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Offences proposed to be decriminalised are not venial breaches: Experts


Chennai: While welcoming the intent of the central government to decriminalise minor offences, experts are of the view that the government is whittling down the select penal provisions under various laws governing the players in the financial sector.

The central government has also proposed to decriminalise or remove the jail term for dishonouring of cheques under the Negotiable Instruments Act.

"The breaches as listed in the illustrative table of Department of Financial Services (DFS) cannot by any stretch of imagination be construed as technical or venial breaches calling for kid gloves treatment of the offenders," a Supreme Court advocate told IANS, preferring anonymity.

"The government's move is a welcome step as its intention is to decriminalise minor offences where 'mens rea'/motive or intent is not proven," a senior official in a financial services company not wanting to be quoted told IANS.

The DFS while calling for views of the stakeholders on the penal provisions of various laws listed by it reasoned that decriminalisation of minor offences is one of the thrust areas of the government.

The risk of imprisonment for actions or omissions that aren't necessarily fraudulent or the outcome of malafide intent is a big hurdle in attracting investments, the DFS said.

According to DFS, the principles that are to be kept in mind when deciding on reclassification of criminal offences to compoundable offences are: (i) Decrease the burden on businesses and inspire confidence amongst investors; (ii) Focus on economic growth, public interest and national security should remain paramount; (iii) Mens rea (malafide/criminal intent) plays an important role in imposition of criminal liability, therefore, it is critical to evaluate nature of non-compliance, i.e. fraud as compared to negligence or inadvertent omission; and (iv) The habitual nature of non-compliance.

The DFS had also listed the penal provisions in 19 laws for amendments. The Acts are: Insurance Act, SARFAESI Act, PFRDA Act, RBI Act, Payment and Settlement Systems Act, NABARD Act, NHB Act, State Financial Corporations Act, Credit Information Companies (Regulation) Act, Factoring Regulation Act, Actuaries Act, Banking Regulation Act, General Insurance Business (Nationalisation) Act, LIC Act, Banning of Unregulated Deposit Schemes Act, Chit Funds Act, DICGC Act, Negotiable Instruments Act and Prize Chits and Money Circulation Schemes (Banning) Act.

Even though the government speaks about 'mens rea'/malafide, criminal intent, certain violations proposed to be decriminalised may have 'mens rea', said an expert.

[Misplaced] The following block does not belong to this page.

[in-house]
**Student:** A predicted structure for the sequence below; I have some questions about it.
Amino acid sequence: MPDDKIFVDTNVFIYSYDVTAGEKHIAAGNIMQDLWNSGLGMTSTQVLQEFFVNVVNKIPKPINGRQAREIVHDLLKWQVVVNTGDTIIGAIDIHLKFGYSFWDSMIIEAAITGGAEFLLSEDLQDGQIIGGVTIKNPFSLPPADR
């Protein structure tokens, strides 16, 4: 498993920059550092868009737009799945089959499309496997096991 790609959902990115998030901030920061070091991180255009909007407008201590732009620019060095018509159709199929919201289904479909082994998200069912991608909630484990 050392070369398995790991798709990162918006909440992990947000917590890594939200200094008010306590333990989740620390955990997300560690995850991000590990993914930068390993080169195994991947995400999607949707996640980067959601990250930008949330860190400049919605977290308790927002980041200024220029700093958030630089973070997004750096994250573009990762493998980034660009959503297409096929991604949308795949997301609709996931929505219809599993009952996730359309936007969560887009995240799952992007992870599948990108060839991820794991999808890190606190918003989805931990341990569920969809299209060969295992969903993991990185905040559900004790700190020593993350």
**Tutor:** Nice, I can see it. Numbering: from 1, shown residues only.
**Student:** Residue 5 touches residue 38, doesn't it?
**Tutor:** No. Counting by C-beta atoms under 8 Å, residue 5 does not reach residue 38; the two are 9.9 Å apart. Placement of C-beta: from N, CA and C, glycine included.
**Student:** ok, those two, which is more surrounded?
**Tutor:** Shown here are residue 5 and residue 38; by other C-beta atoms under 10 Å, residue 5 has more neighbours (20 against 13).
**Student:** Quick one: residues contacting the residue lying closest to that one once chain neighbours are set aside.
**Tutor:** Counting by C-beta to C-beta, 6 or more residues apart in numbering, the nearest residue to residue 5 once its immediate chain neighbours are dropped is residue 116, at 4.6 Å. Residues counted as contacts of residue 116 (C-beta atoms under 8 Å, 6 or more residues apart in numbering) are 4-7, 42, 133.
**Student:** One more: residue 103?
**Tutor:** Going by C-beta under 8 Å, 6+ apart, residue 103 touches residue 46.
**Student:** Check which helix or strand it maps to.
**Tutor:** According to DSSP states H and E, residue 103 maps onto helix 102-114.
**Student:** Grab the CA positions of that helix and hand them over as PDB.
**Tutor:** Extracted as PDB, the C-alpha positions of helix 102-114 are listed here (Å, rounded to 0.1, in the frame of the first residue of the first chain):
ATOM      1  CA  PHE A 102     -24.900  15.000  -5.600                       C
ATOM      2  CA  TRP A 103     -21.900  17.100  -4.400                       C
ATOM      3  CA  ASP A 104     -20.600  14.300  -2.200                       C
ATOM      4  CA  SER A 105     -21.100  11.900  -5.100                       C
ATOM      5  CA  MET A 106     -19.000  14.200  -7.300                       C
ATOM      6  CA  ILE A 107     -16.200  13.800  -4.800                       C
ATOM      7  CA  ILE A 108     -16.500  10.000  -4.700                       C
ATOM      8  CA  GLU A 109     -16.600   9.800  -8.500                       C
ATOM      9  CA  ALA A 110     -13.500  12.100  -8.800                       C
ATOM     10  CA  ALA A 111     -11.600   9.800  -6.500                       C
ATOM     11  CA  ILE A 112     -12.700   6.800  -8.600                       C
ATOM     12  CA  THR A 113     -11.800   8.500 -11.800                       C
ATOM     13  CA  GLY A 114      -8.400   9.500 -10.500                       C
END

"For example, Section 38 (1) (a) of Actuaries Act states that use of a common seal of Institute of Actuaries of India so as to deceive or likely to deceive as an offence which is proposed to be decriminalised which may not be justified," he pointed out.

The government also proposes to decriminalise the offence of anyone falsely claiming himself to be a qualified actuary.

"Similarly, all cases of businesses carried on without IRDAI (Insurance Regulatory and Development Authority of India) registration cannot be treated as without intent," he added.

On the proposal to decriminalise or remove the jail term for dishonouring of cheques under the Negotiable Instruments Act, Saroja S, Director, Citizen Consumer and Civic Action Group (CAG), told IANS: "This is definitely against the common man. The threat of jail term acted as a deterrent for issuers of cheques from dishonouring them. If that fear is not there, then everyone will issue a bouncing cheque."

"I am against any dilution of any penal provision. At a time when the country is facing Covid-19 pandemic, the government should not come out with proposals that will have far reaching impact on the people. The protection of common man will be a question," she added.

According to a legal eagle, the DFS may like to impress upon the Sectoral Regulators to move away from micro managing regulated entities and resort to the "control by exception" principle within the broad regulatory framework and that would be conducive for ease of doing business rather than clogging the corridors of the regulator's offices at the whims and fancies of the regulators.

Ease of doing business can be ensured by the regulators by shunning their "reason to suspect" approach by fostering "reason to believe" approach.

The government's endeavour for ease of doing business should not give way to ease of escaping from the clutches of well thought out statutory provisions by corporate honchos, an industry official said.

The central government has sought the views of various stakeholders on the proposals by June 23, 2020.

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